Get 1 more page view just for clicking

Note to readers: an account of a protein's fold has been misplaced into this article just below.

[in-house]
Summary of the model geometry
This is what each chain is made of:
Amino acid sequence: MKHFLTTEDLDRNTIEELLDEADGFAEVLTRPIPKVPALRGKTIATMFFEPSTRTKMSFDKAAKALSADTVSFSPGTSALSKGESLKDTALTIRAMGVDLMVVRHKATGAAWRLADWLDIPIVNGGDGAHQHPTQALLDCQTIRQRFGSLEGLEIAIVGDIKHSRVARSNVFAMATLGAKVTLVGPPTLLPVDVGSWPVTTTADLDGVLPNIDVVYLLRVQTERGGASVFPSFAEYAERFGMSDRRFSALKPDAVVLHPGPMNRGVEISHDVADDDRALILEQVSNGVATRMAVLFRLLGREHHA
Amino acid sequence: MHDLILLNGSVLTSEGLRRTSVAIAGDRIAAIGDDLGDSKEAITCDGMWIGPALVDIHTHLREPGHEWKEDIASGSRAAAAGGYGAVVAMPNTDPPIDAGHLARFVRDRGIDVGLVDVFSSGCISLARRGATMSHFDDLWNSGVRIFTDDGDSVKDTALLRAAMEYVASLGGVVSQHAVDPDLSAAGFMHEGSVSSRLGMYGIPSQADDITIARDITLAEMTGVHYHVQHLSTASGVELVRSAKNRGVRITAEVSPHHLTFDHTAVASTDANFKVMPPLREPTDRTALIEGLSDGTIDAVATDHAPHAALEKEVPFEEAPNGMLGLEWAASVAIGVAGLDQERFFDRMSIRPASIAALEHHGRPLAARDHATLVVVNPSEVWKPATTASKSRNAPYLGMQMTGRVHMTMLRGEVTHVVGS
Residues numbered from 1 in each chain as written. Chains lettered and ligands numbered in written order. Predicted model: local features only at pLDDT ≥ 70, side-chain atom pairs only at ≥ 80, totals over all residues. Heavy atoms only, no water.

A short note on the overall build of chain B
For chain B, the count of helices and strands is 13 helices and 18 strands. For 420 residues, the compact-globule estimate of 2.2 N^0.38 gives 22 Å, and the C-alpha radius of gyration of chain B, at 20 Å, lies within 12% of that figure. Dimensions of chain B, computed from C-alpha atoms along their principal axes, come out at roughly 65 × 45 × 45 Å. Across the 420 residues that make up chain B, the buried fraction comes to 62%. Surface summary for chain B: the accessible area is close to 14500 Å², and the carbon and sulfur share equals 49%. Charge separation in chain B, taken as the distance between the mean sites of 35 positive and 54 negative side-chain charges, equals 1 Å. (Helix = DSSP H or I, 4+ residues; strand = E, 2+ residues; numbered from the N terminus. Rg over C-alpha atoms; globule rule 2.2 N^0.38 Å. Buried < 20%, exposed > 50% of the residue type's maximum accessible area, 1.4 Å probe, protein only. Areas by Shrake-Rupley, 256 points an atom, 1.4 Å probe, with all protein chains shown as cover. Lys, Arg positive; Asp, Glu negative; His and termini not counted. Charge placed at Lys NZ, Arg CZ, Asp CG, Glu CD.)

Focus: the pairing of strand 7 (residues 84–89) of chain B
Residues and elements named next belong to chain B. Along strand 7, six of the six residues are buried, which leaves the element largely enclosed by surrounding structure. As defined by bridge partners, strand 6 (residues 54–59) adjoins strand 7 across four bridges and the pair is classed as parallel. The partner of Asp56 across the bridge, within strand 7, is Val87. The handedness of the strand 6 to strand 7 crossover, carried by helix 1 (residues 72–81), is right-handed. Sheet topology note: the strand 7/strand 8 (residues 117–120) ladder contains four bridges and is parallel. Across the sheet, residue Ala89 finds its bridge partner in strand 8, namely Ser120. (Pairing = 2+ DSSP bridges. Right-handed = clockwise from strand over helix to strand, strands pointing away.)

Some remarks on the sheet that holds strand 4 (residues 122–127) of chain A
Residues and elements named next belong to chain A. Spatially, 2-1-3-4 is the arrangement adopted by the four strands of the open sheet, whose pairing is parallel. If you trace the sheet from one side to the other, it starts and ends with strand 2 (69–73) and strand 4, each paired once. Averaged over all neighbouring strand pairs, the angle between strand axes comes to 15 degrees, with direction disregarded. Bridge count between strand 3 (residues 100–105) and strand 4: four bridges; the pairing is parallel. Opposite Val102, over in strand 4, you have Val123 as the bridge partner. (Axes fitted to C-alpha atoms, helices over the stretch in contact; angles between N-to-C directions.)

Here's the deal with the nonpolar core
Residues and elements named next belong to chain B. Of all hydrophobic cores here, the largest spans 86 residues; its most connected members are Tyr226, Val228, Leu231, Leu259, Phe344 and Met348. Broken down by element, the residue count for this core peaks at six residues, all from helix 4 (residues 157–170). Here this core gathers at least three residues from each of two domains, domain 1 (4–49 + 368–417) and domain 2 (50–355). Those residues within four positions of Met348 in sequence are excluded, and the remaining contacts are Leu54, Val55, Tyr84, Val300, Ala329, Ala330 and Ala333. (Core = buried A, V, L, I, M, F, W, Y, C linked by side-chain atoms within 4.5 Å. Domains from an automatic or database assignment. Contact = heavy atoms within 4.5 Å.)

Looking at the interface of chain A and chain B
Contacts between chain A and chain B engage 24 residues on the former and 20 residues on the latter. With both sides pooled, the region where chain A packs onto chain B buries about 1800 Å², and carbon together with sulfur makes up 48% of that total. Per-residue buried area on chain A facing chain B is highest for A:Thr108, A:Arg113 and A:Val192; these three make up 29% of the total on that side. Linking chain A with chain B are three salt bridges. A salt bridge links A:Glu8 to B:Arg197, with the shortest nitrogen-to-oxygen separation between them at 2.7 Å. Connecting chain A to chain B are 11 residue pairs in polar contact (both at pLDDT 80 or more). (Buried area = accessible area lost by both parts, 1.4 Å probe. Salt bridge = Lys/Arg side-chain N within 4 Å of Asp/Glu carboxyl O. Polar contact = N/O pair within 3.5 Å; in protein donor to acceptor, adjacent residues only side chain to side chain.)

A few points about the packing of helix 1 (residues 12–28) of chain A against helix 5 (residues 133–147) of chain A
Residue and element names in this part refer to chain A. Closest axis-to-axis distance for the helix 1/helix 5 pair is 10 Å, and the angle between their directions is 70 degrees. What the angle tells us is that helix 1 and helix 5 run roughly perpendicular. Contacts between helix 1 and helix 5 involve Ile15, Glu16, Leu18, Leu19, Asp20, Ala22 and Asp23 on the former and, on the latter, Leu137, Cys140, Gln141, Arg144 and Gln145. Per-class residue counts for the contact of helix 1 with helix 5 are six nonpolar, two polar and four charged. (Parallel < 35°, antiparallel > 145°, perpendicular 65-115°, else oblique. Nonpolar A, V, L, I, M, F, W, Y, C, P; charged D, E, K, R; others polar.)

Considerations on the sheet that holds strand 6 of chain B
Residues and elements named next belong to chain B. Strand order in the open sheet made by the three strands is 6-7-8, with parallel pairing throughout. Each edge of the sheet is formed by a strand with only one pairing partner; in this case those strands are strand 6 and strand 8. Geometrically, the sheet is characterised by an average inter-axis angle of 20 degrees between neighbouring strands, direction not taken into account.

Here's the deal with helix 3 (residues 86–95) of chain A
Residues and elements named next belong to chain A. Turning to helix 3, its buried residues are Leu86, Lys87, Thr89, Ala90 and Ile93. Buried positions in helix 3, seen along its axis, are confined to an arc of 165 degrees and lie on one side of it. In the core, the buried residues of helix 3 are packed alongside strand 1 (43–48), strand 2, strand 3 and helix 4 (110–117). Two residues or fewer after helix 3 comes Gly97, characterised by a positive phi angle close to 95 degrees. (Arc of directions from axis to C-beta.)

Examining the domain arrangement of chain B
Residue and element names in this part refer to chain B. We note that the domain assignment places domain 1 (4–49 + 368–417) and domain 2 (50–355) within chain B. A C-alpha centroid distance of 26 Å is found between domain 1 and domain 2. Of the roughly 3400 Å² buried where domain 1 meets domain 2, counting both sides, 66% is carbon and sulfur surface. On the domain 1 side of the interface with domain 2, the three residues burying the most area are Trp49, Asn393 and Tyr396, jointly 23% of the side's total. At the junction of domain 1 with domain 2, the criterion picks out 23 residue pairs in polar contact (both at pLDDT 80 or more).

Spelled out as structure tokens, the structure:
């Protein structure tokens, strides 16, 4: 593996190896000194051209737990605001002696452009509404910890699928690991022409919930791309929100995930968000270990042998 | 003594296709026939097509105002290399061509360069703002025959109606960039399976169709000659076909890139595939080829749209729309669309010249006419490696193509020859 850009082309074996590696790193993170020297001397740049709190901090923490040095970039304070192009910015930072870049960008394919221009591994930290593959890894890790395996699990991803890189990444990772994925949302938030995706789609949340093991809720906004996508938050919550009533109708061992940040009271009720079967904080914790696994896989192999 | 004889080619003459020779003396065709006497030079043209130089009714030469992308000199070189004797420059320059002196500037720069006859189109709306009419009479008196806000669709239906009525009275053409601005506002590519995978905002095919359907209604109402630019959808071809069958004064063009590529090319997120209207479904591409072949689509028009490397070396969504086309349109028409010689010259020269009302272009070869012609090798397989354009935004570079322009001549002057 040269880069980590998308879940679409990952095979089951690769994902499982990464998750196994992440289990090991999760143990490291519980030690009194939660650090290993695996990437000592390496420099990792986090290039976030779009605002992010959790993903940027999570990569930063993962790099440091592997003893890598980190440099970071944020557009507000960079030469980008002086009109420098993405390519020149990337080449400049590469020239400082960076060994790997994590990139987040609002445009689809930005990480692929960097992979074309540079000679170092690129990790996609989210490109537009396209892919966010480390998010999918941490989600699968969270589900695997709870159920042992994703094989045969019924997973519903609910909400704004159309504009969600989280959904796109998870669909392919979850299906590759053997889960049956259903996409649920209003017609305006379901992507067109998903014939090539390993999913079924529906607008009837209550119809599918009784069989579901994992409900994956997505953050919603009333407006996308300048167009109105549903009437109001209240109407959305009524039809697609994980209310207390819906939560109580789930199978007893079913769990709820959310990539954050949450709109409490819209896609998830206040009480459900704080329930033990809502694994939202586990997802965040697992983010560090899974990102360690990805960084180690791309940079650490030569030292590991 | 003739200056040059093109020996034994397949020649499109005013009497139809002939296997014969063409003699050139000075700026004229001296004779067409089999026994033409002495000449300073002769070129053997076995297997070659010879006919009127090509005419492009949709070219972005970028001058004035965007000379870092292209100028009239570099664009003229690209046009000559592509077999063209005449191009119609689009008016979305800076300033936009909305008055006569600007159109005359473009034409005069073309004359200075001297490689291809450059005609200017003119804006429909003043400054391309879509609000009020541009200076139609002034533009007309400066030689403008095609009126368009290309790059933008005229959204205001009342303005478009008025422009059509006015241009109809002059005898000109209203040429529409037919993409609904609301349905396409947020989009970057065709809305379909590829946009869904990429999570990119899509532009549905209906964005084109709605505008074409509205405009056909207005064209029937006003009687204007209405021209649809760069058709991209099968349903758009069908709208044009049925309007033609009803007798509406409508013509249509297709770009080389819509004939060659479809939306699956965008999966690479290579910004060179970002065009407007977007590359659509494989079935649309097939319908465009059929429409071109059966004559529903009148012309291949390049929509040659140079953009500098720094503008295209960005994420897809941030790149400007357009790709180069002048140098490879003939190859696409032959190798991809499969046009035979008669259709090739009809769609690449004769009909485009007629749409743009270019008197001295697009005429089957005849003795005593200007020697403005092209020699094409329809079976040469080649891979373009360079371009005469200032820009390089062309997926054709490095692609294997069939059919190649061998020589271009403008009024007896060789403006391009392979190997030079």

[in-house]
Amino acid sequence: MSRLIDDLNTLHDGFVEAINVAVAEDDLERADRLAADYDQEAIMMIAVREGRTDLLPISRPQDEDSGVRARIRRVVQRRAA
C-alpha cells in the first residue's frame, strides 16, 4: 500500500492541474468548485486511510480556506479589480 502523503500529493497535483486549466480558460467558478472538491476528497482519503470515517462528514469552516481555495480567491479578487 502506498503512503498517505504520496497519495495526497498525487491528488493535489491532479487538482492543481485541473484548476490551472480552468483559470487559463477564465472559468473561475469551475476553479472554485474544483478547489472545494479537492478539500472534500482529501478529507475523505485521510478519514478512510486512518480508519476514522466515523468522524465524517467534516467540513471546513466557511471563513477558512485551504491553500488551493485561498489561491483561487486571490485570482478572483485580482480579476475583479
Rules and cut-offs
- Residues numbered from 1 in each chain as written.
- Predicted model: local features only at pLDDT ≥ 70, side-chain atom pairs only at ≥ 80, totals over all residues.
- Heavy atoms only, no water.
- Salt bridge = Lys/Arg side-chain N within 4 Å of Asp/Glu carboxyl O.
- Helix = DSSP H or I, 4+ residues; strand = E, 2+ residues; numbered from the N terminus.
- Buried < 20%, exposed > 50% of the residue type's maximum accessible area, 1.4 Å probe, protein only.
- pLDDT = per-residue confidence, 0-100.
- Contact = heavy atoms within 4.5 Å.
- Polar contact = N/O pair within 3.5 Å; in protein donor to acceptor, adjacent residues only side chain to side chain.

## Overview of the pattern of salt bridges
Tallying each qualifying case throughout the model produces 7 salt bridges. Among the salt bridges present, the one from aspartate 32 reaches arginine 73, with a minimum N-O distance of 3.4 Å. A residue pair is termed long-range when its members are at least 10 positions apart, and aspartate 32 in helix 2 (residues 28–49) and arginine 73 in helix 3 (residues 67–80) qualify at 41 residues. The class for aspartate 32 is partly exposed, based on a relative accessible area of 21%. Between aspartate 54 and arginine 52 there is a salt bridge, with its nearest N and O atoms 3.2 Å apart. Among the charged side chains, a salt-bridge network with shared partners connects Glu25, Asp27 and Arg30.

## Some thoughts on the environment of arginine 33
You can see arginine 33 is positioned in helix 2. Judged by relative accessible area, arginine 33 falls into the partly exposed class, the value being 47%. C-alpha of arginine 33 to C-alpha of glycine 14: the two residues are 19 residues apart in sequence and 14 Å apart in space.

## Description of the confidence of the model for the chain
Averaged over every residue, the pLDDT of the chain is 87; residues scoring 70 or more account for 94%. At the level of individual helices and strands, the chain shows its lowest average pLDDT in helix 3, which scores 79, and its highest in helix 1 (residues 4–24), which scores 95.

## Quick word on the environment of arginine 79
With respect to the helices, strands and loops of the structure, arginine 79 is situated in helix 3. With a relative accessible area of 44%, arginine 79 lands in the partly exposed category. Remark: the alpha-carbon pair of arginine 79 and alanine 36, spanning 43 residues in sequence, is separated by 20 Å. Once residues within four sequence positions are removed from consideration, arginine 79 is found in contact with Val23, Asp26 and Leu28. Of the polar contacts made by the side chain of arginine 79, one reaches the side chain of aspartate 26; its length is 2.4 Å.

to like us on Facebook